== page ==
How in order to help them learn” (Black and

 

How do we define ‘marking’ and
‘feedback’ and what issues arise from each in practice?

 

Learning and teaching that leads to
better outcomes for students is driven by the raising of standards and the
raising of the expectations of both teachers and students. Teachers must manage
“complicated and demanding situations, channelling the personal, emotional and
social pressures of a group of 30 or more youngsters in order to help them
learn” (Black and Wiliam 1998), therefore with vigorous changes to raise
standards, approaches can become based on assumption and a need to provide
evidence rather than research or proven methods of efficacy. Looking to Ofsted
and government policy, it is noted that “Ofsted recognises that marking and
feedback to pupils, both written and oral, are important aspects of assessment.
However, Ofsted does not expect to see any specific frequency, type or volume
of marking and feedback; these are for the school to decide through its
assessment policy” (Ofsted, 2016). In a climate that is no doubt competitive
and saturated with data collection, analysis, and evidence of marking and
feedback, practitioners may continue with relentless marking and feedback
without seeking to define or truly utilise either, which is often detrimental
to teacher well-being and student progress. Didau considers that “marking and feedback are two quite separate things” but that
“in the minds of educators, marking and feedback have become synonymous” (2013).
Despite the plethora of studies on marking and feedback, Hattie and Timperley’s
relatively recent study (2007) points out that “few recent studies have
systematically investigated the meaning of feedback in classrooms” and Shute’s
2008 study notes that “specific mechanisms relating feedback to learning are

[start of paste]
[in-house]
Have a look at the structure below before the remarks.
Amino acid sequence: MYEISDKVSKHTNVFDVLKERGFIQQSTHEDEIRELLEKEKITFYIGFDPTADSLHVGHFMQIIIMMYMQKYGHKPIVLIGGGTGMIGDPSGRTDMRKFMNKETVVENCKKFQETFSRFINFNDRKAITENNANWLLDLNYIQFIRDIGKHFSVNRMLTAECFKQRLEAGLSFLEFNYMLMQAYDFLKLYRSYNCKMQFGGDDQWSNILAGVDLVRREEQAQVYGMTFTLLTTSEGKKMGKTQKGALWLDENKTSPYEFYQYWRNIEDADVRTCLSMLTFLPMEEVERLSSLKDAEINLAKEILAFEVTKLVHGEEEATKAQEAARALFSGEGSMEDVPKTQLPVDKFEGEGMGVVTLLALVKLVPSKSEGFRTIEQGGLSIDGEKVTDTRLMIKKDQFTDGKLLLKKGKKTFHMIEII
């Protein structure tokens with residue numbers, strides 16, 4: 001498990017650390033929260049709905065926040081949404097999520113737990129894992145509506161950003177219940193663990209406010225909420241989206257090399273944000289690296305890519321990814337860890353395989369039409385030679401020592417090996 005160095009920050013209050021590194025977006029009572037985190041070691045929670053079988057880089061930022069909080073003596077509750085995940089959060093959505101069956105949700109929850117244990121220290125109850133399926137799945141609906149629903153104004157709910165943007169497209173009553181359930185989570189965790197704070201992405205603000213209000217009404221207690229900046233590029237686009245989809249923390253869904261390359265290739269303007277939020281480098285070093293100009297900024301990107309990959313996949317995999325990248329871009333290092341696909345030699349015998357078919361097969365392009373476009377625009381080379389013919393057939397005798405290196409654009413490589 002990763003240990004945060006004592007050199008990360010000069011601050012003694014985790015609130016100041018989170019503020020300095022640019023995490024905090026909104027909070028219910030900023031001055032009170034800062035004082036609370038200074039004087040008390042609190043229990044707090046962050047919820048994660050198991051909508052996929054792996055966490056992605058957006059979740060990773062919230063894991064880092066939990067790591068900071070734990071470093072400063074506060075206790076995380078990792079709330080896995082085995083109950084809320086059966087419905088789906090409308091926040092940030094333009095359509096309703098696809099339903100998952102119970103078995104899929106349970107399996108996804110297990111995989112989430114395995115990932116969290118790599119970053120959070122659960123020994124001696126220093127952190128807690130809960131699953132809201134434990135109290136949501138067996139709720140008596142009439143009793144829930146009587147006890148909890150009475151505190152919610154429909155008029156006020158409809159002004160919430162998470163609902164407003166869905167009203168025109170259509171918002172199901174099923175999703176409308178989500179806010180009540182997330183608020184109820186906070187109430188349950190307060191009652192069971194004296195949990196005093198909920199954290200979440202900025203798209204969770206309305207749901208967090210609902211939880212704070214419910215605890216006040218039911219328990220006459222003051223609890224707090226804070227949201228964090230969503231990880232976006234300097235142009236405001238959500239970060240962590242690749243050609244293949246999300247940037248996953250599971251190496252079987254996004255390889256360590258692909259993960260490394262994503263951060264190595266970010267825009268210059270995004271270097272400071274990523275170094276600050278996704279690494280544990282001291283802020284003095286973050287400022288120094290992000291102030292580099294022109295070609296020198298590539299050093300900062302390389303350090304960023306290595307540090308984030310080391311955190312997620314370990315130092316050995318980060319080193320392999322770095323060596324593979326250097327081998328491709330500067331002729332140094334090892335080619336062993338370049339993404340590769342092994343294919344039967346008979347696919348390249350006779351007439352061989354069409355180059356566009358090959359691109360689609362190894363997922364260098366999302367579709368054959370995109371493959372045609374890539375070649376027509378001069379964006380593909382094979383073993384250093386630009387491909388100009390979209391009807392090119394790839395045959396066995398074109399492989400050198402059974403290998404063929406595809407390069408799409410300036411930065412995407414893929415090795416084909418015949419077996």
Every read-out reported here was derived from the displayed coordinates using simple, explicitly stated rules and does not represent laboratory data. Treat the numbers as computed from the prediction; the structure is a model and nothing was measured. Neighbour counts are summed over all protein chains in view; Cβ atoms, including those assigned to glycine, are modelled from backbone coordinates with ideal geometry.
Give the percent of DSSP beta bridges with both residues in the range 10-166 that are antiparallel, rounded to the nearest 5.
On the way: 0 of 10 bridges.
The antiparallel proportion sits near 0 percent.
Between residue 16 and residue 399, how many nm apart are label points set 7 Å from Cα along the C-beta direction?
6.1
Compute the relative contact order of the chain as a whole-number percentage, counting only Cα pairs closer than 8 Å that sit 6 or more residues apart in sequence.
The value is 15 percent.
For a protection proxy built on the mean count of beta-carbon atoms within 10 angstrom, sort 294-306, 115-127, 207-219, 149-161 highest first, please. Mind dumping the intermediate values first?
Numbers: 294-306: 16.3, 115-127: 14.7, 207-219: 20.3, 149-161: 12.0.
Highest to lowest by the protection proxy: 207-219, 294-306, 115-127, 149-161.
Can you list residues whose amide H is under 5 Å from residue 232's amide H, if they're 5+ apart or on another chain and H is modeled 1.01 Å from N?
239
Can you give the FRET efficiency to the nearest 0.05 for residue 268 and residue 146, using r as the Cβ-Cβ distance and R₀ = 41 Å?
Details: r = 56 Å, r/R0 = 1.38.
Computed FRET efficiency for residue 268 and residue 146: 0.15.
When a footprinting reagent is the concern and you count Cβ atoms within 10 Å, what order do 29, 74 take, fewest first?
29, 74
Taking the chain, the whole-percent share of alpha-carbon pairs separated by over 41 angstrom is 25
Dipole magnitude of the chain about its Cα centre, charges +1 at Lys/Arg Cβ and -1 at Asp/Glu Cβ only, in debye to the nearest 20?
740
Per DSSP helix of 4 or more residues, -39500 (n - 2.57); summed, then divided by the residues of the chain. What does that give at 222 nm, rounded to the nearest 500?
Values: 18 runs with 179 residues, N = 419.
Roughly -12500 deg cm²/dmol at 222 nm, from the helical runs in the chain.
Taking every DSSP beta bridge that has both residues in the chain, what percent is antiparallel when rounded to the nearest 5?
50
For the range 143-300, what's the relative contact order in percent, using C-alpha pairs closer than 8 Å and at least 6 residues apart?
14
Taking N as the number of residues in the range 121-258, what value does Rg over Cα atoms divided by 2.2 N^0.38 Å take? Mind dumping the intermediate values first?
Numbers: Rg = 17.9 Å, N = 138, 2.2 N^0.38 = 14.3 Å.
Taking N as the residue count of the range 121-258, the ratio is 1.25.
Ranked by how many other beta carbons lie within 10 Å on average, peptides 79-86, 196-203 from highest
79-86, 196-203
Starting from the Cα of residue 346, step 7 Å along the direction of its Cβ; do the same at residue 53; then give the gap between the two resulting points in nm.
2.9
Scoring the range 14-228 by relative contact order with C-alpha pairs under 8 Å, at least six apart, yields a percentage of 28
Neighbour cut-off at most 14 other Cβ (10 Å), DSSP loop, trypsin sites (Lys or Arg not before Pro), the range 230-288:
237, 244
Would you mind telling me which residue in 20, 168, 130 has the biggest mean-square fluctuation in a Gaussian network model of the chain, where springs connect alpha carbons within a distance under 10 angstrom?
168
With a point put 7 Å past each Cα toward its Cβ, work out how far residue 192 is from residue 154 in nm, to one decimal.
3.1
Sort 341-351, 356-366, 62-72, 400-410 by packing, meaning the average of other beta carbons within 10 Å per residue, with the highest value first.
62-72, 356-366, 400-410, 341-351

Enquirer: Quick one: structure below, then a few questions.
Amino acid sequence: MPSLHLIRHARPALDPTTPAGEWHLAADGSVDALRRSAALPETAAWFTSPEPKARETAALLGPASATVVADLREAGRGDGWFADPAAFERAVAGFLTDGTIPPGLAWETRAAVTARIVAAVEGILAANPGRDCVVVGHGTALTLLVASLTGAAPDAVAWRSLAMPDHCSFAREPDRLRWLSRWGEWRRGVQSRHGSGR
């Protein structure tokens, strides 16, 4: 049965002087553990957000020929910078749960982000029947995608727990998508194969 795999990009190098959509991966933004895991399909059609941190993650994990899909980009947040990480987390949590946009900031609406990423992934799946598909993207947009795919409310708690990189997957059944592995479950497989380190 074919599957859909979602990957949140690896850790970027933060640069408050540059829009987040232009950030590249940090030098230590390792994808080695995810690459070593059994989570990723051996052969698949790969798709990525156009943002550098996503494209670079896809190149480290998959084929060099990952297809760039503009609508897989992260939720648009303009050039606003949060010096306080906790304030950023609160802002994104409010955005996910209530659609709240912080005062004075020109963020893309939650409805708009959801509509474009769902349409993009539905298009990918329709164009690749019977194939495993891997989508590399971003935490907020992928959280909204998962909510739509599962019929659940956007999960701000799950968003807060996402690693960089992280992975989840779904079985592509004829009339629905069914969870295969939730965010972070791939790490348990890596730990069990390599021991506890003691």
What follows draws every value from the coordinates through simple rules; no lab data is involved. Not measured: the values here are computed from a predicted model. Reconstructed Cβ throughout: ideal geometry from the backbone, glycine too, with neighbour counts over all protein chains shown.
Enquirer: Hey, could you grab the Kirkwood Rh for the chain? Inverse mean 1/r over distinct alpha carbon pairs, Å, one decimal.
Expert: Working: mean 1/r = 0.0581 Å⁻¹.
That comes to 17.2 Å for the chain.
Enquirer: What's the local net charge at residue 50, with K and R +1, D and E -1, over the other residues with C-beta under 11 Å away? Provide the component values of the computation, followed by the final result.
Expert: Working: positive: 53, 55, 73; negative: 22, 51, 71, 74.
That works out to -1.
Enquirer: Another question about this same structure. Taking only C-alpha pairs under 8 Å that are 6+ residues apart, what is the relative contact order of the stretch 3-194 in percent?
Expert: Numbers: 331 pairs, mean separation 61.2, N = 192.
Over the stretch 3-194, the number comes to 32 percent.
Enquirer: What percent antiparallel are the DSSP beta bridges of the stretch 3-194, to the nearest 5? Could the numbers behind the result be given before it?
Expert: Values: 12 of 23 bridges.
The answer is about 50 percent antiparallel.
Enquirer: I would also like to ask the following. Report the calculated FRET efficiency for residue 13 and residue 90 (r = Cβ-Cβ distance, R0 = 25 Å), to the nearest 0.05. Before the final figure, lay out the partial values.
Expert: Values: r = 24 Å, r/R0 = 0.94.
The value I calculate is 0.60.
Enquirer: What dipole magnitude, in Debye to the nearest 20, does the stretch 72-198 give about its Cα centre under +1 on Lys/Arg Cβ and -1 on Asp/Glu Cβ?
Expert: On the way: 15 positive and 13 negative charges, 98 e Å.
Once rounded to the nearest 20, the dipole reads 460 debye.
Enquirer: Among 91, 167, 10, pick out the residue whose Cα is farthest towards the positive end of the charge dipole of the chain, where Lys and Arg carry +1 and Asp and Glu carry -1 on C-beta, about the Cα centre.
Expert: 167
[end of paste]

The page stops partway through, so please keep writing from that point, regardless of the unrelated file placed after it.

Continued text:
still mostly murky”.

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In order to continue to raise standards in a positive and
constructive way, practitioners must move away from viewing marking as feedback for the teacher in order to
know how the student is progressing, which is merely a “transmissive process” (Nicol
and Macfarlane-Dick, 2006) and not helpful for the student. Research has shown
that students enjoy receiving marks and positive comments, but they do not find
them valuable (Butler, 1988). With this data collection driven process, we see
“the giving of marks and the grading function are overemphasized, while the
giving of useful advice and the learning function are underemphasized” (Black
and Wiliam, 1998). The drive towards evidencing marking and feedback has meant
that teachers are overworked and can confidently say how much their lives have been affected by the increased
volume of marking, but as Didau points out “what impact does it have on
students’ outcomes? The answer is, we just don’t know” (2013). Therefore, it becomes more important to define
marking and feedback as separate concepts, and to consider how they work
together to formulate a successful “proactive, rather than reactive role in
generating and using feedback” (Nicol and Macfarlane-Dick, 2006).

The act of marking
in many schools’ policies involves literally making a ‘mark’ on a student’s
piece of work where an error has been made. This is usually followed with a
grade or percentage which reflects how well a student has performed. This
alone, without feedback, has little or no effect on progress. Hattie and
Timperly state that “Praise for task performance appears to be ineffective” (2007).
When considering the effects of marking on
teachers, Tomsett describes the process as “Hard work. It consumes teachers’
time like a basking shark consumes plankton” and goes onto explain that in his
school, “Our approach to assessment, where we have refocused upon formative
assessment, has gone hand in hand with our new feedback policy” (2016). Here,
Tomsett acknowledges the importance of marking and feedback working together to
promote positive outcomes.

In the current climate, many schools are either pushing too
many assessments that result in a lot of data and little feedback, or feedback
that is basic and merely commentary. Both, arguably, in the pursuit of evidence
and accountability. This in turn, causes excessive teacher workloads for little
student progress, as Didau comments, “In England the majority of teachers see
their marking burden as both onerous and unhelpful and it’s not unusual
for teachers to be expected to spend 3 hours plus every night wading through a
pile of marking” (2016). In response to this, government policy has recently
stated that:

Effective marking is
an essential part of the education process. At its heart, it is an interaction
between teacher and pupil: a way of acknowledging pupils’ work, checking the